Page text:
The Big Bang








The Big Bang theory is the prevailing cosmological model for the early development of the universe. According to the theory, the Big Bang occurred approximately 13.798 ± 0.037 billion years ago, which is thus considered the age of the universe.At this time, the universe was in an extremely hot and dense state and began expanding rapidly. After the initial expansion, the universe cooled sufficiently to allow energy to be converted into various subatomic particles, including protons, neutrons, and electrons. Though simple atomic nuclei formed within the first three minutes after the Big Bang, thousands of years passed before the first electrically neutral atoms formed. The majority of atoms that were produced by the Big Bang are hydrogen, along with helium and traces of lithium. Giant clouds of these primordial elements later coalesced through gravity to form stars and galaxies, and the heavier elements were synthesized either within stars or during supernovae.

The Big Bang is the scientific theory that is most consistent with observations of the past and present states of the universe, and it is widely accepted within the scientific community. It offers a comprehensive explanation for a broad range of observed phenomena, including the abundance of light elements, the cosmic microwave background, large scale structure, and the Hubble diagram.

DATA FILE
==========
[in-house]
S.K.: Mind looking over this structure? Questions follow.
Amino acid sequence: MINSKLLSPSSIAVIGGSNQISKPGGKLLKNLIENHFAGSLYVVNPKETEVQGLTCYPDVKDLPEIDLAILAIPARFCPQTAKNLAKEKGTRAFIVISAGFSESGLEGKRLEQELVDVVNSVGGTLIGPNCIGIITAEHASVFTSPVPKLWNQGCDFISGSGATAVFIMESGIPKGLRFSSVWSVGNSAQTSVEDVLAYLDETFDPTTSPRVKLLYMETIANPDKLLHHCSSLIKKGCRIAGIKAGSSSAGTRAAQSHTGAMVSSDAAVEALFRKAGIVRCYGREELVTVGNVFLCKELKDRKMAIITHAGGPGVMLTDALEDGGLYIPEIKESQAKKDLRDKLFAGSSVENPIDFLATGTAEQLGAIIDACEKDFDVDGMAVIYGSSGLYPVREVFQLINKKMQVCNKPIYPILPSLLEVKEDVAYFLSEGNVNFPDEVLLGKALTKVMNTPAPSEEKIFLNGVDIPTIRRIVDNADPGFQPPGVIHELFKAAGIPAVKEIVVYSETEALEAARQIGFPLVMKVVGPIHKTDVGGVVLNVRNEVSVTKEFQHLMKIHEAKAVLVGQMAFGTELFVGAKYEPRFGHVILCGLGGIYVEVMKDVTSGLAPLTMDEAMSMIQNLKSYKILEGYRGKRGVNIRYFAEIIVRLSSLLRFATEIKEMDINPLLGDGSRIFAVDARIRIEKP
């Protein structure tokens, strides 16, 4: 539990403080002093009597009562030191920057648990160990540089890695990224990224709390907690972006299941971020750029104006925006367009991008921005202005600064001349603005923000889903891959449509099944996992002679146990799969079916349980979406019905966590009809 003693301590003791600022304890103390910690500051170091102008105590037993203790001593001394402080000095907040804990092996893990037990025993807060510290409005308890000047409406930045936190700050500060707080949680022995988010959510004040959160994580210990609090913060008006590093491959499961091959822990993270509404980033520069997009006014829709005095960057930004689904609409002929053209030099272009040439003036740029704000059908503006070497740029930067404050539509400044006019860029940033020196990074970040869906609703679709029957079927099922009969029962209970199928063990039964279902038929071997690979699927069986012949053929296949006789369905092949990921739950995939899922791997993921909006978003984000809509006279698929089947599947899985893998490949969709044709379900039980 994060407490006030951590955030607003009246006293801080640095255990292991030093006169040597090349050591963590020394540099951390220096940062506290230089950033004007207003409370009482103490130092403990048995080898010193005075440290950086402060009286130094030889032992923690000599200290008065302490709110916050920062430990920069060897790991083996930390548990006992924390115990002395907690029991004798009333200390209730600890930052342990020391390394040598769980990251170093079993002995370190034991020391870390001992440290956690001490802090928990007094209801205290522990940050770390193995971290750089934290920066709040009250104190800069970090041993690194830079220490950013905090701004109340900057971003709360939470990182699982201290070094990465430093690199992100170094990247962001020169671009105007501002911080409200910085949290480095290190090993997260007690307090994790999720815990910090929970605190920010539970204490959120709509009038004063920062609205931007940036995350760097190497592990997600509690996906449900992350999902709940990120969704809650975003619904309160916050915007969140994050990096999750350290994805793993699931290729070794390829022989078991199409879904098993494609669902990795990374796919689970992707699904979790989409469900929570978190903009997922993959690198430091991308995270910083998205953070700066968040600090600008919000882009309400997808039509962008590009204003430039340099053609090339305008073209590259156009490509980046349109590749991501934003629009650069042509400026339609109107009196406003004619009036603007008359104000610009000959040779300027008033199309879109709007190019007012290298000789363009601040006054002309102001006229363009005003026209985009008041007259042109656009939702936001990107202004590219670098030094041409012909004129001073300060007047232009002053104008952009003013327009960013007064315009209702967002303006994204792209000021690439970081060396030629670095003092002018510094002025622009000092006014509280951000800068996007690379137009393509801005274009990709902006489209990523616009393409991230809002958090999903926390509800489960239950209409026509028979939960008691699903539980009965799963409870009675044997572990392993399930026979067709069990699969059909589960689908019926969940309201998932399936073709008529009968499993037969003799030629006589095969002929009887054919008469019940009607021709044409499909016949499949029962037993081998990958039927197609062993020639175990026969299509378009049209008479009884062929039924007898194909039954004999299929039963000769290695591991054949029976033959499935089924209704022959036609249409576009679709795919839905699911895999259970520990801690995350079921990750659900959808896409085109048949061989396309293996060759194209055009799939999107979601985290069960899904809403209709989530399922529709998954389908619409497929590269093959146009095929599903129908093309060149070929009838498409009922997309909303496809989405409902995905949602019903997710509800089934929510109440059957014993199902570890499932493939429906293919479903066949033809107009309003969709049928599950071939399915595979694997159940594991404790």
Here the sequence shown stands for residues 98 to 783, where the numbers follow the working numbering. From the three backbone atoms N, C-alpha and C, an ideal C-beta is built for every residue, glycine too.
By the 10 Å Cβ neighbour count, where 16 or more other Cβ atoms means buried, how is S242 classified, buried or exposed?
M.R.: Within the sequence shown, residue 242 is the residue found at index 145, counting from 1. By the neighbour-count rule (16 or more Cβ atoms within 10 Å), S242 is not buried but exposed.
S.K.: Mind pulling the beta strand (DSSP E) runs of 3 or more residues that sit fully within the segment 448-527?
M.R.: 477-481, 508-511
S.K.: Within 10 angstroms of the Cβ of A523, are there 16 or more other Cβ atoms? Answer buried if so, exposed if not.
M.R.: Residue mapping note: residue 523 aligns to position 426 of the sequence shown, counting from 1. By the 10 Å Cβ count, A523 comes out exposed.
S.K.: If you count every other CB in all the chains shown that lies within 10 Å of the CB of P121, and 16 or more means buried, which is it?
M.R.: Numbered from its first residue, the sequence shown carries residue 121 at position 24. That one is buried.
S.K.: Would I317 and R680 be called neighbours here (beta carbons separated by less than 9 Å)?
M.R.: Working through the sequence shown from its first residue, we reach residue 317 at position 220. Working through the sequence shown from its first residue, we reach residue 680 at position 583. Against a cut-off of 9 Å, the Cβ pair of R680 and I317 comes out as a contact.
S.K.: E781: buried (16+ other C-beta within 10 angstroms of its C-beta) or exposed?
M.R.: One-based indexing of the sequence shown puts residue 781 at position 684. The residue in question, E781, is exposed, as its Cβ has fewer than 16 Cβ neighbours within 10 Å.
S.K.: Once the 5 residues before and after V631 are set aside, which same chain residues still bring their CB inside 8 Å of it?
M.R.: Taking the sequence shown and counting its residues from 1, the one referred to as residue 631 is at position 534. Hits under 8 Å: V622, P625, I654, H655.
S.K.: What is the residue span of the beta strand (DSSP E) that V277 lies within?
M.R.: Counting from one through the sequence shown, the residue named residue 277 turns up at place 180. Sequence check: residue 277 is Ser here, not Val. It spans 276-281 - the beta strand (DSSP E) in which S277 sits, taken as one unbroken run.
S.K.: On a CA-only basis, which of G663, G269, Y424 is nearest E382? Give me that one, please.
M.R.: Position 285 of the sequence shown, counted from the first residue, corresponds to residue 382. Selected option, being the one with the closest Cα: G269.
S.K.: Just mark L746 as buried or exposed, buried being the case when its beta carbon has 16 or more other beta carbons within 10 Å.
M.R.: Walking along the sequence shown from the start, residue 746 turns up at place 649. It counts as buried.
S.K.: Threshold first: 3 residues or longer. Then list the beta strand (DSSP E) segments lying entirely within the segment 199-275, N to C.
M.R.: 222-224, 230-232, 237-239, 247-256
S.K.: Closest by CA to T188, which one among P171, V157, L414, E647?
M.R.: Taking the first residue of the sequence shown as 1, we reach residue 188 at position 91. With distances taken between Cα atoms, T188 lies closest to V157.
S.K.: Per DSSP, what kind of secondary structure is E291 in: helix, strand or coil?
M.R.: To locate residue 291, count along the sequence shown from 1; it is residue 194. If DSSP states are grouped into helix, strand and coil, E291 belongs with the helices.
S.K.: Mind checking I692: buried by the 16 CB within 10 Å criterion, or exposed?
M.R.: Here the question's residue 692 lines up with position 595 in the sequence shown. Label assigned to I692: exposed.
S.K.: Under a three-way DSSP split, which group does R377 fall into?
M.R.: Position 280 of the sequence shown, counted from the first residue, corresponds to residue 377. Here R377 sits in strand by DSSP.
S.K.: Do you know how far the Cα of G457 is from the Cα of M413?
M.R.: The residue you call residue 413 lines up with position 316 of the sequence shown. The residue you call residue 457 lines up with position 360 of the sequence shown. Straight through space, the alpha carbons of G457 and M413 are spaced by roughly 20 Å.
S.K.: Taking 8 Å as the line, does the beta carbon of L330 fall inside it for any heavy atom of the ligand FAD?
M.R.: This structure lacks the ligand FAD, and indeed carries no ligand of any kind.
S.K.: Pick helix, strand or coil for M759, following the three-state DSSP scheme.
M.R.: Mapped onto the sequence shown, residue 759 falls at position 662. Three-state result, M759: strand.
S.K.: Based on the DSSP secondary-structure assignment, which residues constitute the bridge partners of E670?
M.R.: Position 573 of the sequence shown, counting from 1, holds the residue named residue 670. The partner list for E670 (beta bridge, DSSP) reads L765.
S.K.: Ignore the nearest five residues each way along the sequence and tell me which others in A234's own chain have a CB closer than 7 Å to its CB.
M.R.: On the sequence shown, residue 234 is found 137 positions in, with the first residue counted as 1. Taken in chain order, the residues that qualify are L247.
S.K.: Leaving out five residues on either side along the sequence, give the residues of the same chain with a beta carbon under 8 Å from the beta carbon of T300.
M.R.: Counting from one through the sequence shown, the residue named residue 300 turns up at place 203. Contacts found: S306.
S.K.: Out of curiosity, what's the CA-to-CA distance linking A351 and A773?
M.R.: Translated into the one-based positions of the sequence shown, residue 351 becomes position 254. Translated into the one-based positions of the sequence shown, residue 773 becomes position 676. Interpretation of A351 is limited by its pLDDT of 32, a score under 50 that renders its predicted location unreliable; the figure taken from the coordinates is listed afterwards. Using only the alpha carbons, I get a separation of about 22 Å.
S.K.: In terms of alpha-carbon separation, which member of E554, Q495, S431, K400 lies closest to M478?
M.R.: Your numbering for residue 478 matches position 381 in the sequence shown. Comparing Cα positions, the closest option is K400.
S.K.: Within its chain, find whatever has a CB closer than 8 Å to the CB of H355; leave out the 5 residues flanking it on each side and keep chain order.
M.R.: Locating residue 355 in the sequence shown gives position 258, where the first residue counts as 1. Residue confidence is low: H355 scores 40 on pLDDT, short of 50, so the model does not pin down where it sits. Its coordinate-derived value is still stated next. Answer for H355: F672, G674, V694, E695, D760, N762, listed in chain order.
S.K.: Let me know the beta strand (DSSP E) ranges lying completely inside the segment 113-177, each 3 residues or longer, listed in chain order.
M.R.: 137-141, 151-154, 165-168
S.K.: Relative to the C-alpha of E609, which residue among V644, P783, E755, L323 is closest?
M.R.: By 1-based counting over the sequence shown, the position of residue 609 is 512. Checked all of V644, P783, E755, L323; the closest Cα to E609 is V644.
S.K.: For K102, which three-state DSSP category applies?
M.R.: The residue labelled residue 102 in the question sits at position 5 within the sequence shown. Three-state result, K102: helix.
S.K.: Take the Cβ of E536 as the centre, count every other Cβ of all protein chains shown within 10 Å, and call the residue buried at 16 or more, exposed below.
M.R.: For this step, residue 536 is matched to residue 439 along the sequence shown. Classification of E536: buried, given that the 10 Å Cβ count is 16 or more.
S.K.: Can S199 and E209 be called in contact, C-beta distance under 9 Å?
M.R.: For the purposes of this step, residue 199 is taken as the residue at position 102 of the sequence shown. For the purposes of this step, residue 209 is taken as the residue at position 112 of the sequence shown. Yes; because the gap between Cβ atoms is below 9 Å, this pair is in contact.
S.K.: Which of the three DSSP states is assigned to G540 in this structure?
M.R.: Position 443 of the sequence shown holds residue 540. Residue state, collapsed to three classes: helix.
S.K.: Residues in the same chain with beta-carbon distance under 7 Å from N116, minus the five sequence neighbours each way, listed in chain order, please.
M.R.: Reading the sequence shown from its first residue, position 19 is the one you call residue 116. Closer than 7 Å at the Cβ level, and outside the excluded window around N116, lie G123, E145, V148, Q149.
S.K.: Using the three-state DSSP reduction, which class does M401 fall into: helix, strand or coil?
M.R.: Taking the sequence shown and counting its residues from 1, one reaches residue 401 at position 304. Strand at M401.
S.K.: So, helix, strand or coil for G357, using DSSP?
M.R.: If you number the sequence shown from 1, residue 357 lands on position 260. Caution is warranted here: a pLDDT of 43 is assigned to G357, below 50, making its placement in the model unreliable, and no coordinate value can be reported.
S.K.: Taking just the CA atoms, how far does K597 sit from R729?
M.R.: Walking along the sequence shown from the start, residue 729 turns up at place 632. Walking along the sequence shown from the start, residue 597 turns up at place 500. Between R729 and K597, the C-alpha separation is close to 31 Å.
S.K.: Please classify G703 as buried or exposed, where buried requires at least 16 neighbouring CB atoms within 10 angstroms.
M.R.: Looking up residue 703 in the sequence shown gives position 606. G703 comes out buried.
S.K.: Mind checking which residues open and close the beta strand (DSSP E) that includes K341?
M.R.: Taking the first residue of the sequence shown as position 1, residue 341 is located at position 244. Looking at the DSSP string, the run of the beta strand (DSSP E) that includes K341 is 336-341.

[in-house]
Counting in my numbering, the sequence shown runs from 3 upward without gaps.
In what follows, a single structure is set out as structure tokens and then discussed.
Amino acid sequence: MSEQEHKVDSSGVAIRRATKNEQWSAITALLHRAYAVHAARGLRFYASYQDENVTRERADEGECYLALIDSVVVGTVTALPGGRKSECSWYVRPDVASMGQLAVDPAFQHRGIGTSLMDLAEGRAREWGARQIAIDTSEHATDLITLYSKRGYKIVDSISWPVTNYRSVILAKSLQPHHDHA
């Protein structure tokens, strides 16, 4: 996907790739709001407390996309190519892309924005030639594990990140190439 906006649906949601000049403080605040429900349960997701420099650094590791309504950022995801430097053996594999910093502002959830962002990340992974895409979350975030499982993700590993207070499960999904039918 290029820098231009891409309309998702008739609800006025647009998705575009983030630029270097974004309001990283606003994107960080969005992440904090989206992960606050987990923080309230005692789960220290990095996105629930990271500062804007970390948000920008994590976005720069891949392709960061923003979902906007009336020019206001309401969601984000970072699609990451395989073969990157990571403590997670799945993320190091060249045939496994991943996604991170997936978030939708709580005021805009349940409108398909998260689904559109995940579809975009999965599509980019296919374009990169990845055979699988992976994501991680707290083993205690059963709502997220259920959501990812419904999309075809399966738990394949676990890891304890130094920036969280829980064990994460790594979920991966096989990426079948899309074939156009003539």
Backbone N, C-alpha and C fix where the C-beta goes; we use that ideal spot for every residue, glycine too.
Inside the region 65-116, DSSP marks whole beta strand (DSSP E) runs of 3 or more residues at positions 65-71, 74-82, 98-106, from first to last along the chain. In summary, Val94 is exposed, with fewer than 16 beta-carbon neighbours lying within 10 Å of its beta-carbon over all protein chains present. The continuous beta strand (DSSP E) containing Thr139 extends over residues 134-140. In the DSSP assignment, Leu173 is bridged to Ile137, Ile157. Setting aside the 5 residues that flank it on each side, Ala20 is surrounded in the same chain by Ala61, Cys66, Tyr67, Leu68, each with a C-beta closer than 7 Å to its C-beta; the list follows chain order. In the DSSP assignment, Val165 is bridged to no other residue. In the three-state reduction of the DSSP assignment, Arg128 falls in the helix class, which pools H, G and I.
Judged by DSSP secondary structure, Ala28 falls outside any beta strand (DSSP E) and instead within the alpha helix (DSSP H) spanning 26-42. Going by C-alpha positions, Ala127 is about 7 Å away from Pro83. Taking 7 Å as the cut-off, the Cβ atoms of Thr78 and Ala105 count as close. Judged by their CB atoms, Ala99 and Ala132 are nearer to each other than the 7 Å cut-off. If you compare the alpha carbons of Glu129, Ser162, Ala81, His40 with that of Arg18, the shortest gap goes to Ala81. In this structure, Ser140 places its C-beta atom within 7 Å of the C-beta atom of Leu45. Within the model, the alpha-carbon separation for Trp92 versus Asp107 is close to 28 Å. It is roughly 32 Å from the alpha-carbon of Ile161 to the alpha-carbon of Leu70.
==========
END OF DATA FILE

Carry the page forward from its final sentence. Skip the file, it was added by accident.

The core ideas of the Big Bang - the expansion, the early hot state, the formation of light elements, and the formation of galaxiesÑare derived from these and other observations. As the distance between galaxies increases today, in the past galaxies were closer together. The consequence of this is that the characteristics of the universe can be calculated in detail back in time to extreme densities and temperatures,while large particle accelerators replicate such conditions, resulting in confirmation and refinement of the details of the Big Bang model. On the other hand, these accelerators can only probe so far into high energy regimes, and astronomers are prevented from seeing the absolute earliest moments in the universe by various cosmological horizons. The earliest instant of the Big Bang expansion is still an area of open investigation. The Big Bang theory does not provide any explanation for the initial conditions of the universe; rather, it describes and explains the general evolution of the universe going forward from that point on.